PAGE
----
Project leads via online media is a telling example. From 2010 to 2012, we received zero leads from this source; in 2013, we received five; in 2014, fourteen; and so far this year, one. This growth has meant online media has become one of our most prominent lead generators. But conversions continue to be very poor: in 2013, the five leads converted to zero commissions; in 2014, fourteen to one; and so far this year, one to zero.
Happily, this is an isolated phenomenon for us. I think the poor conversion rate is due to the absence of trust inherent in a lead generated by online media, but this is perhaps a subject for another post.
Overall, the picture is pretty good, very good in fact. While our successful conversion rate has always been more or less static (one in three), both our enquiries and our commissions are on an upwards trend:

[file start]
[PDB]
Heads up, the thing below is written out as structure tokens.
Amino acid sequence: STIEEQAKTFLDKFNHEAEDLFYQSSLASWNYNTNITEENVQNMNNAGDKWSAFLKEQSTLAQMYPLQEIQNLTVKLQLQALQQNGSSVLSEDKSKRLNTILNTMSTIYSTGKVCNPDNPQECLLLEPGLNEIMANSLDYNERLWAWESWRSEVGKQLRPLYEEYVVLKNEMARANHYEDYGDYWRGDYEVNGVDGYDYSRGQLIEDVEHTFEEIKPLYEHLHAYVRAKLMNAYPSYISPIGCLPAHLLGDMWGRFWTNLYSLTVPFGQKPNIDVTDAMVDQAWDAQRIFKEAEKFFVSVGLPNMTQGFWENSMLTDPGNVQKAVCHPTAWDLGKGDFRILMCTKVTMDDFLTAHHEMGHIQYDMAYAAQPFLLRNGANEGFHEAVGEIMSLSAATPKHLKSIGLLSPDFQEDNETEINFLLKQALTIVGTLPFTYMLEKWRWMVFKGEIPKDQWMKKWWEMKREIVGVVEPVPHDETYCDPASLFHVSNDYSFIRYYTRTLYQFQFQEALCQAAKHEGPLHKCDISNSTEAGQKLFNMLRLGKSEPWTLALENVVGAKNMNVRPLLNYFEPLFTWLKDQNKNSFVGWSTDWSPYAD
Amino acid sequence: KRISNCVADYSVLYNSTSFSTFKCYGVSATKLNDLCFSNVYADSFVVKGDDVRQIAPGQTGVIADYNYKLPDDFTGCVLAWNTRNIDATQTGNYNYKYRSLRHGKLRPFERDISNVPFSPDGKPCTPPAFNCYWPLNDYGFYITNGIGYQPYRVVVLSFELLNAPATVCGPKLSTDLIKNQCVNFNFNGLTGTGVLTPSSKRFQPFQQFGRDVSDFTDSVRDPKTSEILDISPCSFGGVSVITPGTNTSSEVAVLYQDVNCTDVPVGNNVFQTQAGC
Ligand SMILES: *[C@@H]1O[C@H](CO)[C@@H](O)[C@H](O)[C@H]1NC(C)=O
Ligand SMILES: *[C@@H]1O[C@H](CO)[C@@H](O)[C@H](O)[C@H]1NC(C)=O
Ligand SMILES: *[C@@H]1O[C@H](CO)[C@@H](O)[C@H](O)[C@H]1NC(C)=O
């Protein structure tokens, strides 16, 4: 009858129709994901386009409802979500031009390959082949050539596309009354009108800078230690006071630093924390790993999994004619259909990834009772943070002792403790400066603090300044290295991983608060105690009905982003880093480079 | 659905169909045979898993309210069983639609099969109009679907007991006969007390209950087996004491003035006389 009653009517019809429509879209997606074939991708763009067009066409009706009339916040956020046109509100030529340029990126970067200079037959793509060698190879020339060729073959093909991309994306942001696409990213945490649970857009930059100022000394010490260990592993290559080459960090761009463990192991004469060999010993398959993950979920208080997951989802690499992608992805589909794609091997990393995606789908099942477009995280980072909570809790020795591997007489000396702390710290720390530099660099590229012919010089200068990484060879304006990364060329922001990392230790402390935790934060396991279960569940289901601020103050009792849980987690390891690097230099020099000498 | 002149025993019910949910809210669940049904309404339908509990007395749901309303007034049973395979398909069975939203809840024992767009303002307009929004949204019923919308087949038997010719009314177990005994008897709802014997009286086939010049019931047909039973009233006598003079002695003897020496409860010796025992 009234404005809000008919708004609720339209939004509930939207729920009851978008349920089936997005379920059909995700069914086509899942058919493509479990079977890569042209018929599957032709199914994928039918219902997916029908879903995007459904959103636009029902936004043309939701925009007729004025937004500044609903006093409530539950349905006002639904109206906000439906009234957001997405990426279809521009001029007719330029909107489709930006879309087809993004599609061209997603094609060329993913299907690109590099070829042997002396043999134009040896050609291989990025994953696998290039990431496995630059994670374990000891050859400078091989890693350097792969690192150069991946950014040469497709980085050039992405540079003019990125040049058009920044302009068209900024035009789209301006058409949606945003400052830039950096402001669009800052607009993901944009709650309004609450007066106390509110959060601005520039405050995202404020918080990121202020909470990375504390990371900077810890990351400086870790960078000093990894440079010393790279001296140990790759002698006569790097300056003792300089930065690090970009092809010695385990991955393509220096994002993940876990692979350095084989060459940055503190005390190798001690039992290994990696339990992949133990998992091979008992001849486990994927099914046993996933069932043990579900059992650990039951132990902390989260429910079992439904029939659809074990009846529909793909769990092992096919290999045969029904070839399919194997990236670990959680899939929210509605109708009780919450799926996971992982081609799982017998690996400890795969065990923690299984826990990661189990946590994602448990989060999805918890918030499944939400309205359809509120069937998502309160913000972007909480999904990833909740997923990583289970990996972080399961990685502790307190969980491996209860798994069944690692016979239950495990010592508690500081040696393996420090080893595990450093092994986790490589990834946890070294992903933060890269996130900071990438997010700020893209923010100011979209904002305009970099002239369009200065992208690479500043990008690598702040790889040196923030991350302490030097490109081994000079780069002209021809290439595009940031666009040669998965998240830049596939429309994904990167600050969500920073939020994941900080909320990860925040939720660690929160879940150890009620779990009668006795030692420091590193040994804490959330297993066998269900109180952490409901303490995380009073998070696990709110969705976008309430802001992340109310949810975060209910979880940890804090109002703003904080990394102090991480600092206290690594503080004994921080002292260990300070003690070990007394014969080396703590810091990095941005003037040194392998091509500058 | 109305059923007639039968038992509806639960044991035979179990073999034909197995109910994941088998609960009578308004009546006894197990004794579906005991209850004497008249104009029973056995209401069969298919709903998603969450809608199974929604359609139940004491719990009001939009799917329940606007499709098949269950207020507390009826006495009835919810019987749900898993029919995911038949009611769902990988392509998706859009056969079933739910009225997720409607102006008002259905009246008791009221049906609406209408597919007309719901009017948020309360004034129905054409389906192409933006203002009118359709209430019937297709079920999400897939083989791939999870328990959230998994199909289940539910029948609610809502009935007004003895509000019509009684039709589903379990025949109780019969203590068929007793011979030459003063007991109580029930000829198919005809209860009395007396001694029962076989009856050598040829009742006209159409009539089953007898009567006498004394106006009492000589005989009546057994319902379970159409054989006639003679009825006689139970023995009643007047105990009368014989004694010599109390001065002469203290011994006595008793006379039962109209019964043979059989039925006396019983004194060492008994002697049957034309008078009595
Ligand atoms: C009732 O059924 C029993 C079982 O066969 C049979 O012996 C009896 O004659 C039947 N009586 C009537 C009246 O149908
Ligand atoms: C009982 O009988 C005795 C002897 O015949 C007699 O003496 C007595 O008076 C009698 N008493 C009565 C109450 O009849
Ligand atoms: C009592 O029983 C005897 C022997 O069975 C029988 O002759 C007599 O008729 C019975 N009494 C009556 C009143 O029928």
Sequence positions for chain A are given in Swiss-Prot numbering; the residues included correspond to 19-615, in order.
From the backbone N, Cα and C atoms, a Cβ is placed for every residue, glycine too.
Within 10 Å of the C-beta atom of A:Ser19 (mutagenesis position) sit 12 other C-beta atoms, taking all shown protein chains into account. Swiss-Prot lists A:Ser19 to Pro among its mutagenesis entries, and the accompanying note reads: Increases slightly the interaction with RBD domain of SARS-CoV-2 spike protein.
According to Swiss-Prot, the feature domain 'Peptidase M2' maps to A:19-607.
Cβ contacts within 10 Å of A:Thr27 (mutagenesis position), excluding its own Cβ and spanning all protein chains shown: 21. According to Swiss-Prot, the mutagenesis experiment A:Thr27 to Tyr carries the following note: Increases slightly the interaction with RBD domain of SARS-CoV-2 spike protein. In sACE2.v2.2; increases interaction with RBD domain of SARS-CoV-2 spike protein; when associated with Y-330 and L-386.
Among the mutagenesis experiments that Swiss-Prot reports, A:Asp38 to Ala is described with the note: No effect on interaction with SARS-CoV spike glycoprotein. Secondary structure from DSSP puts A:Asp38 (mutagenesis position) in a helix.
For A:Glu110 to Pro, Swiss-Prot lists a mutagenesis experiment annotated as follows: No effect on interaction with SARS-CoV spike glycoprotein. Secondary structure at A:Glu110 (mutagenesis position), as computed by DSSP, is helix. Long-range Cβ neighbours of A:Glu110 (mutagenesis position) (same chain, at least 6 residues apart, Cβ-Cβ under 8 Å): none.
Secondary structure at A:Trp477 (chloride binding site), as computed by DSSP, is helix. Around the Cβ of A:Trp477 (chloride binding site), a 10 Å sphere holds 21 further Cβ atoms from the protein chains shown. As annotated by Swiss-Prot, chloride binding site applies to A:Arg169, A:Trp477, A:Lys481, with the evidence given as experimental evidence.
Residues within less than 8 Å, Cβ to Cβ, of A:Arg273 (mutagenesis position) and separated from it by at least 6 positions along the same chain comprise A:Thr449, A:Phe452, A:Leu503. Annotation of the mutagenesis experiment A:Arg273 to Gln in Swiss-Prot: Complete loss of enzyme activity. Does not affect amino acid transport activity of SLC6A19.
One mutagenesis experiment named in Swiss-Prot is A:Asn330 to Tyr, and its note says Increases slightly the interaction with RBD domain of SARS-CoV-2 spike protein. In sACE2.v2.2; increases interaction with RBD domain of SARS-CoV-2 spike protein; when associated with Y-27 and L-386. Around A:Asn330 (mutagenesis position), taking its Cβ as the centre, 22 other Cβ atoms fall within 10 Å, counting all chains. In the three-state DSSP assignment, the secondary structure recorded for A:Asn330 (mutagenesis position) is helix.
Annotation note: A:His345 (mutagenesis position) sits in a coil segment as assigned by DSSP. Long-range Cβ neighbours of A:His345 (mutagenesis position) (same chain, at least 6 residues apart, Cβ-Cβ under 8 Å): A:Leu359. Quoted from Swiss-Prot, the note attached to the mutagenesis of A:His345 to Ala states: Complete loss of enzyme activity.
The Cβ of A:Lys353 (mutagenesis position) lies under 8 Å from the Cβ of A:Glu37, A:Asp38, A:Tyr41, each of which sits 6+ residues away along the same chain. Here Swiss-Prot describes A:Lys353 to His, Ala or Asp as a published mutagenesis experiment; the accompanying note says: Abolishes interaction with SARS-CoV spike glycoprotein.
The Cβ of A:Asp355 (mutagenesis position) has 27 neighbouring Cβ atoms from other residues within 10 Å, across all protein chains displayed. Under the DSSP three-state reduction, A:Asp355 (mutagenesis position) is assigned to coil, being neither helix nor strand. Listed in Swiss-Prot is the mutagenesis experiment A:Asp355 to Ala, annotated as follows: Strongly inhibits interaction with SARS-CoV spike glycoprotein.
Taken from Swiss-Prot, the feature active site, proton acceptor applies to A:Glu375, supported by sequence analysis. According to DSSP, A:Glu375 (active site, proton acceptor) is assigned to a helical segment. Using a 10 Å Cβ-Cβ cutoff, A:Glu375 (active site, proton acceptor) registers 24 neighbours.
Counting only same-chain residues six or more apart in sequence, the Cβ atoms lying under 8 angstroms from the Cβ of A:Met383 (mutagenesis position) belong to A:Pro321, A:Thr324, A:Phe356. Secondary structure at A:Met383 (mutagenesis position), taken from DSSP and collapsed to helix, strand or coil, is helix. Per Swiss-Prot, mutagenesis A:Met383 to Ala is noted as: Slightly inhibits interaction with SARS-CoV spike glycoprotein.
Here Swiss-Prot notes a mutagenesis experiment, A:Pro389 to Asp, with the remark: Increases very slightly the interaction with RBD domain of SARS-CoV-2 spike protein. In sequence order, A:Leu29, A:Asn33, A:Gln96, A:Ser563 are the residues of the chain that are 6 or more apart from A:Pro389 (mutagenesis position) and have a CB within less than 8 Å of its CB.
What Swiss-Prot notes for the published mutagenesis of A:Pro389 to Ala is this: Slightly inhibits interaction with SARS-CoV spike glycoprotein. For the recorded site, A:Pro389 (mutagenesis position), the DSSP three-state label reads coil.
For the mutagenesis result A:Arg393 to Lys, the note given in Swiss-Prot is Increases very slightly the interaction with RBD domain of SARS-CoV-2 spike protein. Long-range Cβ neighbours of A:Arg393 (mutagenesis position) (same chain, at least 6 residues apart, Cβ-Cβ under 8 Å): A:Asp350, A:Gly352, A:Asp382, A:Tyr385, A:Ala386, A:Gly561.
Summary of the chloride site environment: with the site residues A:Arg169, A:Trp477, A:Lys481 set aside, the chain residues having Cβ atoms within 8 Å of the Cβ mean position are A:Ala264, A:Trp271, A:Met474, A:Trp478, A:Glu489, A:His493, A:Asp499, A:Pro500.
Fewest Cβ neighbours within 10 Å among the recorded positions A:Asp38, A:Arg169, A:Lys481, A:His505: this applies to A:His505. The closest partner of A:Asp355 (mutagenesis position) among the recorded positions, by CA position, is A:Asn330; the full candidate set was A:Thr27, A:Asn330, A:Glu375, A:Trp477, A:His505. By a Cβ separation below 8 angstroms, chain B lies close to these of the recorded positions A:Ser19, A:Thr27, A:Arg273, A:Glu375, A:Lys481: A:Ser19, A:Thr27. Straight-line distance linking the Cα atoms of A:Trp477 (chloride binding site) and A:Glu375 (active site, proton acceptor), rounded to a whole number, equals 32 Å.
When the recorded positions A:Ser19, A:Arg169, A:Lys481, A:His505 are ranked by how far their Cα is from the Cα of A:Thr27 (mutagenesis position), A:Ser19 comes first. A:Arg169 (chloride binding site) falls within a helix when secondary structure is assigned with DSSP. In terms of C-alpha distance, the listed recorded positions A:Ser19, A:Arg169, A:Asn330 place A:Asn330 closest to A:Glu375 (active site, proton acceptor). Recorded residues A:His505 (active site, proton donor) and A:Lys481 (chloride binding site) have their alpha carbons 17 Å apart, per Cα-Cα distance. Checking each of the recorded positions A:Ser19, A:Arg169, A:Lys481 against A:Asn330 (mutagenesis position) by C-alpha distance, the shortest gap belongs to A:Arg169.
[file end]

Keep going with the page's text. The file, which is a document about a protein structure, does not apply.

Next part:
= more commissions
= more projects each year
= more money
This means all sorts of things: maybe we need to think about taking on more staff; relocating our studio to a larger space; increasing our fees; upgrading our accounting system; engaging an office manager… All very good questions that only come about once we analyse our marketing position.
Yet despite the importance of this self-awareness, I imagine very few practices bother to gather this data.
If you’re anything like me, you won’t be satisfied with intuition or reactionary tactics to ensure your practice thrives. You’ll need to base your decisions on a rational understanding of the game state of your practice. This means collecting data and analysing it. It means ensuring you have everything from accurate timesheets, to productivity forecasts, and project by project financial analysis. Importantly, it means demystifying marketing, if not the elusive secrets to marketing success, then at the very least the dynamic impact it has on your practice.
1. While we officially founded our practice in 2010, we received commissions for four side projects prior (while still working elsewhere). These projects have been figured into our calculations.
1. Lead origins, this and subsequent images courtesy of author.
2. Lead conversion.
3. Overall growth.
About the Author: Warwick Mihaly is a principal of architecture studio, Mihaly Slocombe, an emerging practice dedicated to the pursuit of the sublimely utilitarian.